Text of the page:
Sacred geometry

Tuesday Morning Instructions

Date1st October 2006
Retreat/SeriesSilent Autumn Retreat, Finland 2006


This practice of insight meditation is based, or has as one of its most important elements, one particular discourse of the Buddha that's called the teaching on the four foundations of mindfulness, which I mentioned the other day. So as we move through the days here, we're expanding into the four foundations of mindfulness. The first day we worked only with the breath. Second day we included the body. Both of those are actually aspects of mindfulness of the body, breath obviously being part of the body. They make up the first foundation of mindfulness, mindfulness of the body.

This morning I'd like to expand the practice a bit further and talk about the second foundation of mindfulness. This is mindfulness of what's called vedanā. That's a Pali word, vedanā. There's a potential problem with translation here because usually this word, vedanā, gets translated as 'feeling.' In English, we usually use the word 'feeling' to mean 'emotion.' It gets a bit complicated, but it's not really -- emotion actually comes under the third foundation of mindfulness. So we're talking about something else here, and I'll try and explain what that is. So vedanā is what we could call 'feeling-tone.' It's not emotion. It means the quality in every experience, in every moment, of being either pleasant, or unpleasant, or somewhere in between (somewhat more neutral). So mostly a pain in the leg is unpleasant. Every moment, and every experience, has a quality to it of vedanā. It's either pleasant, or unpleasant, or somewhere in between.

You can see this. You can see this with the breath. Sometimes the breath feels very nice, comes in just comfortable, smooth. The quality, the vedanā quality of the breath at that moment is pleasant. Sometimes -- very normal -- the breath feels stuck or rough or blocked in some way, uncomfortable, and then the vedanā at that moment of the breath is unpleasant. A lot of the time the breath is quite neutral -- it's neither particularly pleasant nor particularly unpleasant. But this goes for every moment and every experience, in all the senses. We take some food -- it's pleasant, often, or sometimes unpleasant, or sometimes it's just nothing in particular. Or a body sensation -- we can have a nice feeling in the body or a painful feeling, like I said. Sound -- sometimes you hear a beautiful bird or some beautiful music, but if I had long nails and I scraped down a blackboard, you know, like they have in a classroom, to most people it's unpleasant. But everything has this. A thought, just a moment of thought, even a thought has a vedanā tone to it, a feeling-tone to it. When we walk, when you place the foot on the ground, sometimes the floor is cold or uncomfortable and there's just a slight, very subtle 'unpleasant' there. Or sometimes it's a nice carpet and it feels warm, and it's quite nice to put your foot down. So all moments, every experience.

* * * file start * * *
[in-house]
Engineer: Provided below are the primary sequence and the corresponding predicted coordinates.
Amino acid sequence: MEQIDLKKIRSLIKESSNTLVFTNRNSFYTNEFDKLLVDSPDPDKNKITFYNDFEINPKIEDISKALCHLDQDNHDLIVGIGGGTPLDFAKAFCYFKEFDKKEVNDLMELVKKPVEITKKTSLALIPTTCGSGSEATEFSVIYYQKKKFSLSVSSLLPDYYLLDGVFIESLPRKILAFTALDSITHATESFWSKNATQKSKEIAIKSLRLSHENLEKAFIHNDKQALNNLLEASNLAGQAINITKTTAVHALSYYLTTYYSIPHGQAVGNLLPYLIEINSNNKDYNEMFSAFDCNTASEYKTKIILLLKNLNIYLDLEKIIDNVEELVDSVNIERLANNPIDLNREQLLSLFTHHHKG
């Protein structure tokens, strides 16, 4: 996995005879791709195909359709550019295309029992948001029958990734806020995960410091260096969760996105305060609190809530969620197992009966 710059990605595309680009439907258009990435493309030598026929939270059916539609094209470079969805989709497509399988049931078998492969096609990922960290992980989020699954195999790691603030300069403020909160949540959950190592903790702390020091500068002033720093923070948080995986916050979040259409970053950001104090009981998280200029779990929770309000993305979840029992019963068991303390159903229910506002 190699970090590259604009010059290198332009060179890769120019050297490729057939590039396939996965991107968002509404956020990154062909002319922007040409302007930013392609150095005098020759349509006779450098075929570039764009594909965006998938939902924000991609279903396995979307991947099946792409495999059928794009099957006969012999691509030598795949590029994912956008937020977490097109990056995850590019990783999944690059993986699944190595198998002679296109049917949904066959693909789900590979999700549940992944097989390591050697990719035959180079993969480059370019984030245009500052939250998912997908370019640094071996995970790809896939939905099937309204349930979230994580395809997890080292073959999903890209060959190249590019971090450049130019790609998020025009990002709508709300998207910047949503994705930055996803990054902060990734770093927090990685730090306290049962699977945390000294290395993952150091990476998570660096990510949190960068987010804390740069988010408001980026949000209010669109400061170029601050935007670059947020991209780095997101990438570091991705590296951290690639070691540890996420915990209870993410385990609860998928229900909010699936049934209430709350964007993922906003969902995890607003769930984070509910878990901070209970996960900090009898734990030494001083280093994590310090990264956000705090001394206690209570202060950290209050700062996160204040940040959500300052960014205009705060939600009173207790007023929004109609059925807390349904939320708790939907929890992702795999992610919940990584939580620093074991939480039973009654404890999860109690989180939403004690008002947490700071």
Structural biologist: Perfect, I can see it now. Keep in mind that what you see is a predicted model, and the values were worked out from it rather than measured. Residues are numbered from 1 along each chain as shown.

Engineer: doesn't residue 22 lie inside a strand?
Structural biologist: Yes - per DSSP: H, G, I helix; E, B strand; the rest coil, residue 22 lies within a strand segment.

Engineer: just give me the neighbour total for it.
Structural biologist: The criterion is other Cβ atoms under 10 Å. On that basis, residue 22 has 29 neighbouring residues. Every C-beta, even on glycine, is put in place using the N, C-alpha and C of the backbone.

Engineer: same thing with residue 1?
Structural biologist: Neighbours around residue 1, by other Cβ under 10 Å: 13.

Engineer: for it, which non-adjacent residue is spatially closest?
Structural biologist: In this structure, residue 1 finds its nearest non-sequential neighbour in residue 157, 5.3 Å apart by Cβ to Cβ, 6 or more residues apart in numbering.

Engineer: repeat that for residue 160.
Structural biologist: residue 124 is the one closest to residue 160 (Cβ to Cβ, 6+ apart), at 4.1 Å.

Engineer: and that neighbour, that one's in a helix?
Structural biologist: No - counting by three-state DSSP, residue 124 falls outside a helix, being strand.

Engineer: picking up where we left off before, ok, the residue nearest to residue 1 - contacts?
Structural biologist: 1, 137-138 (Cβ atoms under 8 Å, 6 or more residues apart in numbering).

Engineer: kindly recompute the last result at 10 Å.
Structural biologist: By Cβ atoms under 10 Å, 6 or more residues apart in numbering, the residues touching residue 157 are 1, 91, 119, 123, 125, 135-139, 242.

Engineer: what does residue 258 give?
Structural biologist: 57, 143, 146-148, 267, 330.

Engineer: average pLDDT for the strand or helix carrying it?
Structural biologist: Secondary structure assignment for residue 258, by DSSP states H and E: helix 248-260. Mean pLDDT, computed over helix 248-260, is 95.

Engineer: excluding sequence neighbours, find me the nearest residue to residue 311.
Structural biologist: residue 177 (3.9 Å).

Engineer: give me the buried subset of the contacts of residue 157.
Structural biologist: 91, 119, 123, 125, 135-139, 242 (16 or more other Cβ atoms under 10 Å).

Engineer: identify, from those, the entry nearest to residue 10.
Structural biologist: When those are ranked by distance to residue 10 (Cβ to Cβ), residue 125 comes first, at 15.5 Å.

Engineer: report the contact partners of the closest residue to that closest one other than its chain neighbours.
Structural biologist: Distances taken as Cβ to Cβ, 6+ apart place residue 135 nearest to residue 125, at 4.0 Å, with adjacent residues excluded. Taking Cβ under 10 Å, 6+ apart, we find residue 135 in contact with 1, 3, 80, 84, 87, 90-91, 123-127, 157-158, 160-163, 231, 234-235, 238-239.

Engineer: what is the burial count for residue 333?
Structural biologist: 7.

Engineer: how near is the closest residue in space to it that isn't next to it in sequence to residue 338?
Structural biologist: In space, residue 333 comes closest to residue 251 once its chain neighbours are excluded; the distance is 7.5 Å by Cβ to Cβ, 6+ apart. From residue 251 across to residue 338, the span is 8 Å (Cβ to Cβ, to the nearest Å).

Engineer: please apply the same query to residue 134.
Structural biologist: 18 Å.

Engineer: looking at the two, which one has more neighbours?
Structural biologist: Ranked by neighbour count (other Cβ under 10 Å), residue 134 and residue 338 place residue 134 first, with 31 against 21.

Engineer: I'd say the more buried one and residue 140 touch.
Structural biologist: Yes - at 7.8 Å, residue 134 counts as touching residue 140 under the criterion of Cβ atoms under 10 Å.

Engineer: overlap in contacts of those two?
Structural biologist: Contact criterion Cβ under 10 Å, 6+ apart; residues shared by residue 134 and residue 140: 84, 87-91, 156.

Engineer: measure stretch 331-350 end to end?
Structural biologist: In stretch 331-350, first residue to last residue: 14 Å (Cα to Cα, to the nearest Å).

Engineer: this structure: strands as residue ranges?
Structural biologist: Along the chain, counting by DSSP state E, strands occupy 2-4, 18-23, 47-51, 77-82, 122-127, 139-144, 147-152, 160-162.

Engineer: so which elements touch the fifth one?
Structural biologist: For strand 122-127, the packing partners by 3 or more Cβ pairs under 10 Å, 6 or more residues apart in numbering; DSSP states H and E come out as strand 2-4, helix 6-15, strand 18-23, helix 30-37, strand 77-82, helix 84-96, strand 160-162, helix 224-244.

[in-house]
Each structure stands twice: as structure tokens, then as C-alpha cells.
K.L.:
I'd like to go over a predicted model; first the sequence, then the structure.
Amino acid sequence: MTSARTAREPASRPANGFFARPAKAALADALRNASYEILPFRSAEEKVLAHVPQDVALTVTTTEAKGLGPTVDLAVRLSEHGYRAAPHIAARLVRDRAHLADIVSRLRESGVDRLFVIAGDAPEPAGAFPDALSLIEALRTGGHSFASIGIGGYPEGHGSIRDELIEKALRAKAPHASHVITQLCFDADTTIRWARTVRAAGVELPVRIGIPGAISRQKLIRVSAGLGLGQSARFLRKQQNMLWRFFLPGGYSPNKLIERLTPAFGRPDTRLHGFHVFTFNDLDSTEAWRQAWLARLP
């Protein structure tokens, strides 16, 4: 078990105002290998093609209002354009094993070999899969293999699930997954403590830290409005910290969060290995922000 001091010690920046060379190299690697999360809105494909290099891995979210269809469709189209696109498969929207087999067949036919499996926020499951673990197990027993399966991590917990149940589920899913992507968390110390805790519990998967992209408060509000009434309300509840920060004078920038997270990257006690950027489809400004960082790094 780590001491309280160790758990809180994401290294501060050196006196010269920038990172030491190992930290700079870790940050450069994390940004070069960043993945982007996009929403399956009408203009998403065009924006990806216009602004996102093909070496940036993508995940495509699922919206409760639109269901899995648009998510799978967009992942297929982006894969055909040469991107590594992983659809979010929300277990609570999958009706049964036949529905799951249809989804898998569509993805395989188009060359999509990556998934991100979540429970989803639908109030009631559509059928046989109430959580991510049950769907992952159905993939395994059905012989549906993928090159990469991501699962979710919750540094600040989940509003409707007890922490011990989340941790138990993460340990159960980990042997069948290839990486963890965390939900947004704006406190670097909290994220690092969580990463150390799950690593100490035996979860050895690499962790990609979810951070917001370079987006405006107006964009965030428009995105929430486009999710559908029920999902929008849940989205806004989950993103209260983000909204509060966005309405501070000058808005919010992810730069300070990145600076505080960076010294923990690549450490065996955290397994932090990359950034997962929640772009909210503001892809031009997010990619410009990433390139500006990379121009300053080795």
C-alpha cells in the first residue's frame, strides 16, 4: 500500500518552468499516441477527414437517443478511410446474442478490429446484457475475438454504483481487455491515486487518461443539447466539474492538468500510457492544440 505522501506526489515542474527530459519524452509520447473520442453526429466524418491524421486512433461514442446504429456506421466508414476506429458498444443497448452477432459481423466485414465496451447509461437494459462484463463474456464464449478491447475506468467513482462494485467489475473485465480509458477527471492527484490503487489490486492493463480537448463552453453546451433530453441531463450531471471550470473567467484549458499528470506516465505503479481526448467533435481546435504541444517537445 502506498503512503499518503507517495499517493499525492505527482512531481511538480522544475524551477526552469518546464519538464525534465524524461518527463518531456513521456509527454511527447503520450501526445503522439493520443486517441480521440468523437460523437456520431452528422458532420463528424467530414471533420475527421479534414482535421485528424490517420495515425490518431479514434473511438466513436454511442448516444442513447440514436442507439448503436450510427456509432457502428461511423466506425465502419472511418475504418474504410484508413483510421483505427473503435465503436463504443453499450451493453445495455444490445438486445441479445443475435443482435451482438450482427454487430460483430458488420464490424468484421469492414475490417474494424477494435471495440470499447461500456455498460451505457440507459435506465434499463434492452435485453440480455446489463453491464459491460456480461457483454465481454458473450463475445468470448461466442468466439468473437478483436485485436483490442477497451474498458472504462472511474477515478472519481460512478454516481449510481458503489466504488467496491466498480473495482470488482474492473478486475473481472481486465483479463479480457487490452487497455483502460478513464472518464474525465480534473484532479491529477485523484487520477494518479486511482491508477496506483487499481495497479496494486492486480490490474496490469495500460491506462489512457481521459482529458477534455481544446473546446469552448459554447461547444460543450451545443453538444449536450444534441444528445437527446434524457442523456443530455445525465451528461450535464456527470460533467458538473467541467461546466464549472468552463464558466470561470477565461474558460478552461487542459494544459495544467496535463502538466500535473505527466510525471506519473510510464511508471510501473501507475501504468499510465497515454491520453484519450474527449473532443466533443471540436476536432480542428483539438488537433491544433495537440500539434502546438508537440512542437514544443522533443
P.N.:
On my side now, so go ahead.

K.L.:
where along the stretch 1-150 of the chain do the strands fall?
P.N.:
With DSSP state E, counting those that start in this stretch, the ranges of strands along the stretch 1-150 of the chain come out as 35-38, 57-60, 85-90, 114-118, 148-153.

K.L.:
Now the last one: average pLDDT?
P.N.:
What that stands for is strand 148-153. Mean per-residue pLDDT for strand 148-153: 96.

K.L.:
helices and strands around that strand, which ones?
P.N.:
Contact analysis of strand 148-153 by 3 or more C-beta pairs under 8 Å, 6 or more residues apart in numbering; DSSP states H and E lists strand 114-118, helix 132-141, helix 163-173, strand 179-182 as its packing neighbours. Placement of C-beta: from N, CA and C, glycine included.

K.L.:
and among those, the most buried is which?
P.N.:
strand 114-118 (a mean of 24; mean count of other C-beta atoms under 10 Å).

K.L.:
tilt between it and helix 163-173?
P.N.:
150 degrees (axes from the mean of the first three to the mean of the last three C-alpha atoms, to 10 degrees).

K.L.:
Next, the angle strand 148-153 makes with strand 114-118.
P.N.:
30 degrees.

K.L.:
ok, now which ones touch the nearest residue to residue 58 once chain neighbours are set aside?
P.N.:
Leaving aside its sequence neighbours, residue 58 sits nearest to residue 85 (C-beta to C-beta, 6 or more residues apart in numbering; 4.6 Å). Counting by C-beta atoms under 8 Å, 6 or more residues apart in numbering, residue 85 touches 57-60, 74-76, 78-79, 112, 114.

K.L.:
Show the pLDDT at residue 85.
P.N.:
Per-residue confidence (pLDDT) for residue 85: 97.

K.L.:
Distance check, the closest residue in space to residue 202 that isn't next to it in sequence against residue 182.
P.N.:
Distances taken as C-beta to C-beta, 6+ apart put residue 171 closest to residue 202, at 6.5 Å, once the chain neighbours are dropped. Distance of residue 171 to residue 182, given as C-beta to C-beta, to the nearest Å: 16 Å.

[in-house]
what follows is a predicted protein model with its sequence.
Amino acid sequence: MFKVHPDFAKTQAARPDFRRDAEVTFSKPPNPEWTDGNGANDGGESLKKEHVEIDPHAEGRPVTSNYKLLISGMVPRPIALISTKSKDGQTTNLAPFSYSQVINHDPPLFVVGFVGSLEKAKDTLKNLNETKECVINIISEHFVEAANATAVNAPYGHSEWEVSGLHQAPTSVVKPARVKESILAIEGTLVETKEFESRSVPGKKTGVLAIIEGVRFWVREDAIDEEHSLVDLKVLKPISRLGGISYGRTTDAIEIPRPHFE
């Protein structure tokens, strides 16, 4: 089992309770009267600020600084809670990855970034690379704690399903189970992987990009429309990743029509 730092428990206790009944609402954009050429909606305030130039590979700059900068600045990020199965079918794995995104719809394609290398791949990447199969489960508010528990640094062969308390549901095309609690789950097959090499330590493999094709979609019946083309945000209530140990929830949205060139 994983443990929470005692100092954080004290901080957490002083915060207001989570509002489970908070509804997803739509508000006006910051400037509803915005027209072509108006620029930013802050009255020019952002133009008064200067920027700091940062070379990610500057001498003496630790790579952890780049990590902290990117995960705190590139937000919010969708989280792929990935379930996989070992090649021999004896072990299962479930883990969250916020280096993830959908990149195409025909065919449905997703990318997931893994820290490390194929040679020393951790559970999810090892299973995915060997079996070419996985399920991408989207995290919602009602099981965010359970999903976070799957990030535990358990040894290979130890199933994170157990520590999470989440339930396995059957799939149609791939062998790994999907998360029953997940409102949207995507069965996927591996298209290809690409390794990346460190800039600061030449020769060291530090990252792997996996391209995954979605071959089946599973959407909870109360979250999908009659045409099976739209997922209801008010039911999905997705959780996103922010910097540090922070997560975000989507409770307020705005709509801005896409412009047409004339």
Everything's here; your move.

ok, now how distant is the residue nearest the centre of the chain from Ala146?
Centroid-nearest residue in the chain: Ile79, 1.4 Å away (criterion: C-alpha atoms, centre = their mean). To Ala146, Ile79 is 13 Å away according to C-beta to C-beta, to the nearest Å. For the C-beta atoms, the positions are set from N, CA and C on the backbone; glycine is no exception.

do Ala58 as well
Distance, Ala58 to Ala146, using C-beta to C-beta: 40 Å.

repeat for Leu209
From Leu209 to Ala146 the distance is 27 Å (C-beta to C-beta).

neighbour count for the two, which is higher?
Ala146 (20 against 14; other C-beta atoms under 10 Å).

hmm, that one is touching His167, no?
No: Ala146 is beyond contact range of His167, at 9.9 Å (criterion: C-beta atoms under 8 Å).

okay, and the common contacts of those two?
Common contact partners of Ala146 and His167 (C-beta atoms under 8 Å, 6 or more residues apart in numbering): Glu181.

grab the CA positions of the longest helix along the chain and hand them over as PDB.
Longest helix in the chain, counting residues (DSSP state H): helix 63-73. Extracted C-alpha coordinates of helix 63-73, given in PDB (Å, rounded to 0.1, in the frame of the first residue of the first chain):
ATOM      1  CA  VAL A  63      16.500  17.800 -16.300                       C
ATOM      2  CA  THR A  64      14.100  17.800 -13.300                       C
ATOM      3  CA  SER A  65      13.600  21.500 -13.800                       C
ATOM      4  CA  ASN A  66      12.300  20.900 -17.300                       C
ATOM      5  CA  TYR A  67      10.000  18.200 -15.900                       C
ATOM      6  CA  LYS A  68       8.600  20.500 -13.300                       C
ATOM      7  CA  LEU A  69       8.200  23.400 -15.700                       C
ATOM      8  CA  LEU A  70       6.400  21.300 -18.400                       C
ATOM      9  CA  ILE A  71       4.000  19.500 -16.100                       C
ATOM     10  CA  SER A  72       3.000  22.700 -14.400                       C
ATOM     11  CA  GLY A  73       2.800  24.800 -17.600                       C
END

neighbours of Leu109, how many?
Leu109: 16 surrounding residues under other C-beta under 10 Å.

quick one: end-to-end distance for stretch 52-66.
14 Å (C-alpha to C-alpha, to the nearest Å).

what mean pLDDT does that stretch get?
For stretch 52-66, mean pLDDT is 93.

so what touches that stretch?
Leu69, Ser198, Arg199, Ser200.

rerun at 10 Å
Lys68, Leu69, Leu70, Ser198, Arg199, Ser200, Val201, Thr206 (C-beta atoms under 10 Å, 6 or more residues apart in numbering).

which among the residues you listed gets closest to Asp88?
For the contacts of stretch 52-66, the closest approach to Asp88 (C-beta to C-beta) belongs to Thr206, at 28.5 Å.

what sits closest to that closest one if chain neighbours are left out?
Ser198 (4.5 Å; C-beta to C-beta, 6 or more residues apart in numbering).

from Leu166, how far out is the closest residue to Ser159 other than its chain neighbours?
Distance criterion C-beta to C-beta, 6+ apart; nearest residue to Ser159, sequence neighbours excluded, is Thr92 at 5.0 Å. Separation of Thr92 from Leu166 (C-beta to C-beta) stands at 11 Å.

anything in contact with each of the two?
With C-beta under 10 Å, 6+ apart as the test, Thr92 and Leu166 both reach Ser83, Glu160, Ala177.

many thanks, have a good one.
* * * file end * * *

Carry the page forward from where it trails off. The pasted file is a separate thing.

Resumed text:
Now, most people when they hear this think, "Yeah? So what?" Which is understandable. When I first heard it, I was actually -- I didn't like this at all. I thought this was something really not nice, horrible I thought. It made life sound so cold, and in little compartments, and very materialist and reductionistic. I actually stopped practising meditation for four years. [laughter] It wasn't just because of that. But then I was talking with my friend the other day, and she said when she first heard it, it made her feel so much better because she could trace all the difficulty that she was making for herself; all the complexity actually had its roots in something very simple. So for her hearing this, it was fantastic. It's quite interesting. As I went on in practice, I realized it actually is not reductionistic. It's pointing to something very profound and potentially extremely freeing if we only pay attention to this element of our experience. This is something we tend to overlook.